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Home > Reports > Barriers and exclusions: The support needs of newly arrived refugees with a disability

Barriers and exclusions: The support needs of newly arrived refugees with a disability

Providing adequate preparation for complex cases

Settlement and health services may have little or no information on the clients’ needs prior to arrival. One Victorian service provider has noted that they do not receive information that a person has a disability, is sick, or in need of specialist support.

In the words of two participants at the RCOA consultation:

We have clients who are getting off the plane and need a wheelchair and we don’t know that they need a wheelchair. They’re met at the airport and having to carry family members on their back and that kind of thing”, and another, “often we have seen that people are actually quite sick when they come by plane and once they get here they have to attend multiple medical appointments. We don’t really know until the time they jump on the plane and then on the other end we have to get ourselves ready. But that’s not giving us enough time to respond, that’s one of the critical things.

These concerns were repeated in late 2016 in another consultation held by RCOA in Geelong, when a service provider mentioned:

One of the [issues]… is that we’re often not notified when people have some kind of disability, so the actual notice of any health issues or disability supports is really poor… We’ve had cases where people turn up and the family is carrying someone because no one was told that they need a wheelchair. And if we knew that we could have arranged for something to do that. So the more information [the better]. Screening is one thing, but I think to have that awareness would be helpful.

Since October 2017 health alerts are provided to service providers notifying them of the needs of people with disabilities upon their arrival to Australia. The alerts are categorised as either:

  • Potential medical issue: indicating the nature of the serious medical problem that the person with a disability has at the time of evaluation that may resolve prior to arrival in Australia
  • Critical medical issue: indicating that the person with a disability has a serious medical condition that requires medical follow-up immediately upon arrival in Australia. Receiving a critical medical issue alert will usually result in a travel escort accompanying the person with a disability to Australia.

Health alerts are triggered by an Immigration Medical Examination or Departure Health Check and are communicated to the service provider upon designation.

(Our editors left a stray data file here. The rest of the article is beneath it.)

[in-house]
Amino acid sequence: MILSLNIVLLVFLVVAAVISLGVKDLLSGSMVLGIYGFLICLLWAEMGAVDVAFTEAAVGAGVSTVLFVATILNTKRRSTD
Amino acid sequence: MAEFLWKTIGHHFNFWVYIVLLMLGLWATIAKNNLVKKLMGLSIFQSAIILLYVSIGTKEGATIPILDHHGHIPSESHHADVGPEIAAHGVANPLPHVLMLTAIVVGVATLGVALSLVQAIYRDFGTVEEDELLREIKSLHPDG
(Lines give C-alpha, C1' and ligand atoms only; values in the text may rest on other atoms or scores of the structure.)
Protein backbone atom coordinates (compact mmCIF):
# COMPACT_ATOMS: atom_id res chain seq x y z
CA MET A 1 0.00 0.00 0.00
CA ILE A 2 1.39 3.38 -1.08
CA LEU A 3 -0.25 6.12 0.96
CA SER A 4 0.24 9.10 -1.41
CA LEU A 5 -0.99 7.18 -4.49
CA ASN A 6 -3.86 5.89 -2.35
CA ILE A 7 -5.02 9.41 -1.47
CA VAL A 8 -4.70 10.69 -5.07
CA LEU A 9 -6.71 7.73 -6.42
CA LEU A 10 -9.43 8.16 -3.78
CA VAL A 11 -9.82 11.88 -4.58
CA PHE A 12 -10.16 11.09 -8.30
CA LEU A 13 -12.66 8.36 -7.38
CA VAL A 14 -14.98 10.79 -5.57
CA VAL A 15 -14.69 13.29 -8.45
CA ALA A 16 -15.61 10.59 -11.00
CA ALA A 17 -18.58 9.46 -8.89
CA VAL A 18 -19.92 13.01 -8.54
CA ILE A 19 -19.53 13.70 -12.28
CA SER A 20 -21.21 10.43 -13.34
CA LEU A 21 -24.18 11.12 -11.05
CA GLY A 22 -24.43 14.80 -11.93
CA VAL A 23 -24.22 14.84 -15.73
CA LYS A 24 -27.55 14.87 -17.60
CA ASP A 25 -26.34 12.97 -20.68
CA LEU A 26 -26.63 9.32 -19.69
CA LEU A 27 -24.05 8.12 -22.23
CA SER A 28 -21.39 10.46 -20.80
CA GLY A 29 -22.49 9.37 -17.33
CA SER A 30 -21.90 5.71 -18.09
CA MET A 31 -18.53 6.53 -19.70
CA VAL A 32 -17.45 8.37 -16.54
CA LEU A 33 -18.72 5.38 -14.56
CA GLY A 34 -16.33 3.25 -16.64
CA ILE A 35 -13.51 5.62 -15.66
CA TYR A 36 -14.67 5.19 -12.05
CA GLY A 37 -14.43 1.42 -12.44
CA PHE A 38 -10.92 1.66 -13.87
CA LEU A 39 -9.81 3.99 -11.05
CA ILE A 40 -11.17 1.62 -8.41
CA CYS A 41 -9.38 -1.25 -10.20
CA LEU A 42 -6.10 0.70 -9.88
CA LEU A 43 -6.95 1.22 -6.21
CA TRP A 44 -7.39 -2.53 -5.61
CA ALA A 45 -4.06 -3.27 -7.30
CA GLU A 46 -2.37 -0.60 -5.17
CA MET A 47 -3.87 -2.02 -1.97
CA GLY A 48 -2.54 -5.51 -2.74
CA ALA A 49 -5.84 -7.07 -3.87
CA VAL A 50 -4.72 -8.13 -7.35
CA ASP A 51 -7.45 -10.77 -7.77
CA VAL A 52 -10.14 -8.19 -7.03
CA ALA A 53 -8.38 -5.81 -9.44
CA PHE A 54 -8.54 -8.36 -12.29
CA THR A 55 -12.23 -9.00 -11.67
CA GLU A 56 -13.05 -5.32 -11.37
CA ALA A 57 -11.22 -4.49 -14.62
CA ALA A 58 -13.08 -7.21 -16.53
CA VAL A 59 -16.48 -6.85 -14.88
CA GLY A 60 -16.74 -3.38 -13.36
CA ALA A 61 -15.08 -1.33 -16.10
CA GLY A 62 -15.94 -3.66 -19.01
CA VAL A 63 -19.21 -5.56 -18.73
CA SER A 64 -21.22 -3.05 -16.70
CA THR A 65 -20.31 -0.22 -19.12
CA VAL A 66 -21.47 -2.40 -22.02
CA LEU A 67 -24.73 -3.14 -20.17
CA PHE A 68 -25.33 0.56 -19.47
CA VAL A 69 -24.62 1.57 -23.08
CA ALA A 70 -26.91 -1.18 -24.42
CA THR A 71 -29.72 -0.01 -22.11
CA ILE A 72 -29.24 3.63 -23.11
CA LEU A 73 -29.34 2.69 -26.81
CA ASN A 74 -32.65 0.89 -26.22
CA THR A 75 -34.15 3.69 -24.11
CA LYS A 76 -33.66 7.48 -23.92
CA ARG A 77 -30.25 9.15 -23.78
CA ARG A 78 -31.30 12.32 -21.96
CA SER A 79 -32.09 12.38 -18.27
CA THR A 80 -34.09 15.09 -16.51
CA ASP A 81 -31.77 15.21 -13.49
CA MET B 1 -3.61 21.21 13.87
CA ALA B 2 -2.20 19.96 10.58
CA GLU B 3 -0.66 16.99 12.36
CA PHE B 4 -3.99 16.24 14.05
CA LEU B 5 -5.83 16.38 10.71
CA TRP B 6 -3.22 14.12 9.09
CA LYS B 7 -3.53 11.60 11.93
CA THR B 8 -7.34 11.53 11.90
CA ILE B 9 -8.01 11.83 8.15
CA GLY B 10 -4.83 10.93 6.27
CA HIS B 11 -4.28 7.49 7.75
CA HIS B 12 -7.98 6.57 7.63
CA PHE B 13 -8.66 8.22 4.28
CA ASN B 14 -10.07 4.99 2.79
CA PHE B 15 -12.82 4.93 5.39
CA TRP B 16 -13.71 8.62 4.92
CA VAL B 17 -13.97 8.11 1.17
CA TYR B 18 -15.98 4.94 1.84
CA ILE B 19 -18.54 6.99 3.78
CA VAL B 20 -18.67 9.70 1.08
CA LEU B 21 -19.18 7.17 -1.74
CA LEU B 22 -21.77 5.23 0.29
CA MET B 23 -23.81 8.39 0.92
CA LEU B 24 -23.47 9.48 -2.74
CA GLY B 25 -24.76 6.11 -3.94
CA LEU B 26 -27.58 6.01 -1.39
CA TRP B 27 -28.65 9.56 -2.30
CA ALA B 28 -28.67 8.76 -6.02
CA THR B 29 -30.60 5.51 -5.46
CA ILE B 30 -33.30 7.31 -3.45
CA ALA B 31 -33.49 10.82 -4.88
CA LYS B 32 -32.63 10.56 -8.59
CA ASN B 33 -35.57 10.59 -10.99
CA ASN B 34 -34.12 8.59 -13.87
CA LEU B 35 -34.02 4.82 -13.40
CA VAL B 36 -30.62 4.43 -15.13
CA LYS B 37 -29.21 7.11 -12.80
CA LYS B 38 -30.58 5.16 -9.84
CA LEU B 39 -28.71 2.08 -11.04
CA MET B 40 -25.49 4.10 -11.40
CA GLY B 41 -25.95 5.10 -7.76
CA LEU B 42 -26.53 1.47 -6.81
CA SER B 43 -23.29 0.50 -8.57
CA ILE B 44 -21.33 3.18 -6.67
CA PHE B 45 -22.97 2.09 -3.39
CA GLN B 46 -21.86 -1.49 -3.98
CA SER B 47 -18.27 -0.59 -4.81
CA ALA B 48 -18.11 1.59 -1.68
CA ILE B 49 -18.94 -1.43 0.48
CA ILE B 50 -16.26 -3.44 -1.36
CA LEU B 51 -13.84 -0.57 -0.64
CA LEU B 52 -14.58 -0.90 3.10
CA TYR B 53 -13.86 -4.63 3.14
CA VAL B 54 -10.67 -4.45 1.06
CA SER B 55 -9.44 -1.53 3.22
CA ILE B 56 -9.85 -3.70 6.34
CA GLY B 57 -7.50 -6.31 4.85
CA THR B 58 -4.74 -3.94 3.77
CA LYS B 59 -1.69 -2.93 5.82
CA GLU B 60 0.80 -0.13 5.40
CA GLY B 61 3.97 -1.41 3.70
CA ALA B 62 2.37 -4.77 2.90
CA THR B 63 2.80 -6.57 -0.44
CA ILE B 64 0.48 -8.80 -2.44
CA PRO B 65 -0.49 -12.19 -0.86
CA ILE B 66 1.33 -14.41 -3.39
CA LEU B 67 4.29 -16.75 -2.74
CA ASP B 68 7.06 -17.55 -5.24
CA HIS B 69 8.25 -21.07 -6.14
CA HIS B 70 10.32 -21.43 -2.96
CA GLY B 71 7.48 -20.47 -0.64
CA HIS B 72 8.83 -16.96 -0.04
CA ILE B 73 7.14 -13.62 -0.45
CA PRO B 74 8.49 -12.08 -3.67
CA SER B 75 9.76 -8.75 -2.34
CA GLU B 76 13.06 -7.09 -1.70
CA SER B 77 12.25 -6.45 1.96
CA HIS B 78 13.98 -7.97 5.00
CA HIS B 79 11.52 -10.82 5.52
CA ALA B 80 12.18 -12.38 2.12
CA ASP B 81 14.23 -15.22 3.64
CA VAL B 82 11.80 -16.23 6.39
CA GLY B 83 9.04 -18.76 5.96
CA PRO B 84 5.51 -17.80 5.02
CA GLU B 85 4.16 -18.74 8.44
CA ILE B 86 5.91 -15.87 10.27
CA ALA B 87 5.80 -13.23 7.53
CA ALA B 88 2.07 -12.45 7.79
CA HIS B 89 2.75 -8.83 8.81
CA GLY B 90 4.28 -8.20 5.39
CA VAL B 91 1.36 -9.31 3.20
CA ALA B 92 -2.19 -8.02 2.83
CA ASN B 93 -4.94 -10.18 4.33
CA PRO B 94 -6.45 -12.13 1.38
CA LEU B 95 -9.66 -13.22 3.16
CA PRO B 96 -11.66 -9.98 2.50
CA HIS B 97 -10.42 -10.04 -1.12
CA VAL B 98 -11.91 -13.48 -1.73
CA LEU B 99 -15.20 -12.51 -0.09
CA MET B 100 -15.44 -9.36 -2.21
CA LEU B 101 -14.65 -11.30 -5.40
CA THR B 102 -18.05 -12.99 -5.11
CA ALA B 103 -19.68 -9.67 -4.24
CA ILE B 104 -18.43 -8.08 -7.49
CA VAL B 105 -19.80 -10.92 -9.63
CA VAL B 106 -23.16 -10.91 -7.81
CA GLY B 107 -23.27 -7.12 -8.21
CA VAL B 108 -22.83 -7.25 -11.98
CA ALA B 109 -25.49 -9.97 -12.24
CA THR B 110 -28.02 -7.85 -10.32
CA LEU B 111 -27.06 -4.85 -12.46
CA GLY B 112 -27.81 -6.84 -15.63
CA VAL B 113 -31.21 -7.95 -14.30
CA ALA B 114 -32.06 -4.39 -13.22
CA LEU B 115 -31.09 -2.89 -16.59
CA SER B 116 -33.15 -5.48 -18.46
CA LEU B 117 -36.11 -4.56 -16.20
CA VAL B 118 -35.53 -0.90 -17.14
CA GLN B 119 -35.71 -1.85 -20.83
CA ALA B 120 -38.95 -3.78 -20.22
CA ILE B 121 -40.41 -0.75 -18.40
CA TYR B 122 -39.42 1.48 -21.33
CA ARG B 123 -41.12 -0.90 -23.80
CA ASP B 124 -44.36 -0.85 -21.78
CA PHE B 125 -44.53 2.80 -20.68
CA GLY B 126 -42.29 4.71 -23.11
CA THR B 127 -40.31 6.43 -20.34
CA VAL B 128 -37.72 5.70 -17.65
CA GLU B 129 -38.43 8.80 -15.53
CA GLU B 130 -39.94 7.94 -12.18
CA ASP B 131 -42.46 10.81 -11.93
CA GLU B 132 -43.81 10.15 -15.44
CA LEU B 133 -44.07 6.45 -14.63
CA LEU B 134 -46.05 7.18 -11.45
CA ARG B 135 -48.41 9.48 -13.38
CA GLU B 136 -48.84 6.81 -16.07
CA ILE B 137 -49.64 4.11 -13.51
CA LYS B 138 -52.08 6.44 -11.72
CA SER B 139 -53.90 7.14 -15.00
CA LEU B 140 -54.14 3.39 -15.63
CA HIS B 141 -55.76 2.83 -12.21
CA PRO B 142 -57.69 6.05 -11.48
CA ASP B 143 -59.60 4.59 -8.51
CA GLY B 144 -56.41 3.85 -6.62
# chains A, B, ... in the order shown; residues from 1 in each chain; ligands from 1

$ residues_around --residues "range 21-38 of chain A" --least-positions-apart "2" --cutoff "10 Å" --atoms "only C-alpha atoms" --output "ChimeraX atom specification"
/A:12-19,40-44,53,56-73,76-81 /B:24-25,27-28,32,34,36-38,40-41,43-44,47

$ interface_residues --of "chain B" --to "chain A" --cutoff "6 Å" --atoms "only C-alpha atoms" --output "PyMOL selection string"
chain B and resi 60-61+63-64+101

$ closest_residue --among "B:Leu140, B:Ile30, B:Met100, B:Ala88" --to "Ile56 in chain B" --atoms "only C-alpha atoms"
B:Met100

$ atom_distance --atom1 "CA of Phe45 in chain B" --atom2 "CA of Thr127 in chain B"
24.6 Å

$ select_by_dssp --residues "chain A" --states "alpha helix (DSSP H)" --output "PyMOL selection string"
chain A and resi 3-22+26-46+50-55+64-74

While the alert system is very valuable, it is not fail-safe. For example, in a review of the Syrian and Iraqi children attending a specialist immigrant health service, of the six children identified with life‐threatening medical illnesses on arrival in Australia, only one of these six children had an offshore critical medical alert.

Previously issues could be reviewed by health staff prior to arrival (with the exception of people arriving through the Special Humanitarian Program), but the Department of Social Services (DSS) now only generates health information for new arrivals designated as “high risk”. Health providers can access health reports via the new HAPlite system, but access to HAPlite records is not possible without individual HAPlite numbers and DSS does not provide those numbers to health care providers directly. There is real concern among health providers that many refugees with a disability may not be identified until after arrival and needed equipment will be delayed.

Those who are sponsored are particularly at risk of their disability not being picked up early. The sponsor is responsible for referring the person to a GP. While theoretically GPs will have access to health reports on HAPlite, in practice they are unlikely to know about the health portal.

Matching the needs of the entrant with the local capacity is particularly important. Settling people with specific health or therapeutic needs in rural and regional areas that do not have access to a tertiary hospital or necessary specialised health or disability services can be highly problematic.

Recommendation 1: Ensure accurate information transfers between services

That the Department of Social Services, Department of Home Affairs and contracted services should work to implement a system that ensures accurate and timely health information transfers from assessments offshore to health and settlement service providers providing on-arrival support.

Recommendation 2: Avoid settling people living with a disability in rural areas where needed services are not available

The Department of Social Services should limit or avoid settlement of entrants living with a disability in rural and regional areas that do not have access to a tertiary hospital or necessary specialised health services.

References

Refugee Council of Australia, Australia’s Response to a World in Crisis: Community Views on Planning for the 2016-17 Refugee and Humanitarian Program (March 2016), 74.

Heenan R et al, ‘I think we’ve had a health screen’: New offshore screening, new refugee health guidelines, new Syrian and Iraqi cohorts: Recommendations, reality, results and review, (2018) 55 Journal of Peadiatrics and Child Health, 95-103.

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